I have a thing about railroad crossings. I like them. Once, I sat parked at one for twelve minutes, watching freight car after freight car in the dark.
In my passenger seat: a woman in her thirties, Mexican, ninety-five pounds sopping wet. Her children mixed—looking more black than latino. Her oldest kept asking me, “You gonna stay for cena?”
The other boy chimed in. And pretty soon, they were threatening suicide if the seventeen-year-old with red hair didn't stay for supper.
Hers was a bad neighborhood; the area had gone to pot. It might've been nice once-upon-a-time, but the front porches had bars on the windows.
I sat in her
den while she, her aunt, and her cousin cooked.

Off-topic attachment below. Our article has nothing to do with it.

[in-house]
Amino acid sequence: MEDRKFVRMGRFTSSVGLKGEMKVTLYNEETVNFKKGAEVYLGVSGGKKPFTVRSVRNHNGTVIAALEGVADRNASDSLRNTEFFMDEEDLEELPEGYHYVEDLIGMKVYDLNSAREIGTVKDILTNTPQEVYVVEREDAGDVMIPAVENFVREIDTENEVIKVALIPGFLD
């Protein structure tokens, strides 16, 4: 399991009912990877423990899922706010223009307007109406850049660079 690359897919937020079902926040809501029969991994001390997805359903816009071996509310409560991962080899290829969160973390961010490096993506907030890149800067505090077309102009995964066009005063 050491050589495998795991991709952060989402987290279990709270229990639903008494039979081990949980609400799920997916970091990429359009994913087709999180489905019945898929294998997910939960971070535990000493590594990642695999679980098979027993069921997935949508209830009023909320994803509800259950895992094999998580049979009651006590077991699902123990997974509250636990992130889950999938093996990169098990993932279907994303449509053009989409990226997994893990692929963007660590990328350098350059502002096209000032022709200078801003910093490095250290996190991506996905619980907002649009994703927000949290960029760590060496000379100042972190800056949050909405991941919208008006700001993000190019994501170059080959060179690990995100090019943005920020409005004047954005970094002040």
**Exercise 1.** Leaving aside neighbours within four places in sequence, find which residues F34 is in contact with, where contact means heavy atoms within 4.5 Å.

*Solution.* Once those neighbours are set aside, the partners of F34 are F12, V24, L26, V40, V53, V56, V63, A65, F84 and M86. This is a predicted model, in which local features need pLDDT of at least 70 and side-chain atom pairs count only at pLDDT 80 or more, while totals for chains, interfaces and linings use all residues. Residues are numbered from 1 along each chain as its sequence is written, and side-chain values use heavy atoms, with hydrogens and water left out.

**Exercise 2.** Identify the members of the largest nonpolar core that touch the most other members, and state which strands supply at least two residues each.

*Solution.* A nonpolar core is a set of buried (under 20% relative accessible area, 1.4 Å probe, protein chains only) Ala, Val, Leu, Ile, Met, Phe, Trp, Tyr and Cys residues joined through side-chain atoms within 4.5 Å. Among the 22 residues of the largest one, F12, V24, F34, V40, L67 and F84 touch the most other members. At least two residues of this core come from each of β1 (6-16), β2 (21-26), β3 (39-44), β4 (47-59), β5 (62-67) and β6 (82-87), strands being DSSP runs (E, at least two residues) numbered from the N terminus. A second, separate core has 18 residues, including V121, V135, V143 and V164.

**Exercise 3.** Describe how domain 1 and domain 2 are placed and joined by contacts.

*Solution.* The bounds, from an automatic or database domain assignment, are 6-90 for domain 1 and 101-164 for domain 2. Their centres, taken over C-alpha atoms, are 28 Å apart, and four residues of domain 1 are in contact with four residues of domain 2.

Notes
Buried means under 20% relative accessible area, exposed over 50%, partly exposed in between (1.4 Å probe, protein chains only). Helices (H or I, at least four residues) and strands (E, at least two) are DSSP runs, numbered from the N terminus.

Her boys showed me their toys—different-colored blocks of wood. They were building a city. The youngest was King Kong, smashing the metropolis to pieces. A stray block hit his brother on the lip. That did it.
King Kong died, right there.
Supper was Hamburger Helper. Not the good kind, but the cheap, off-brand variety. I've eaten expired hog livers that tasted better. Her sons went back for seconds. King Kong led the charge.
I helped with dishes. It was a manual…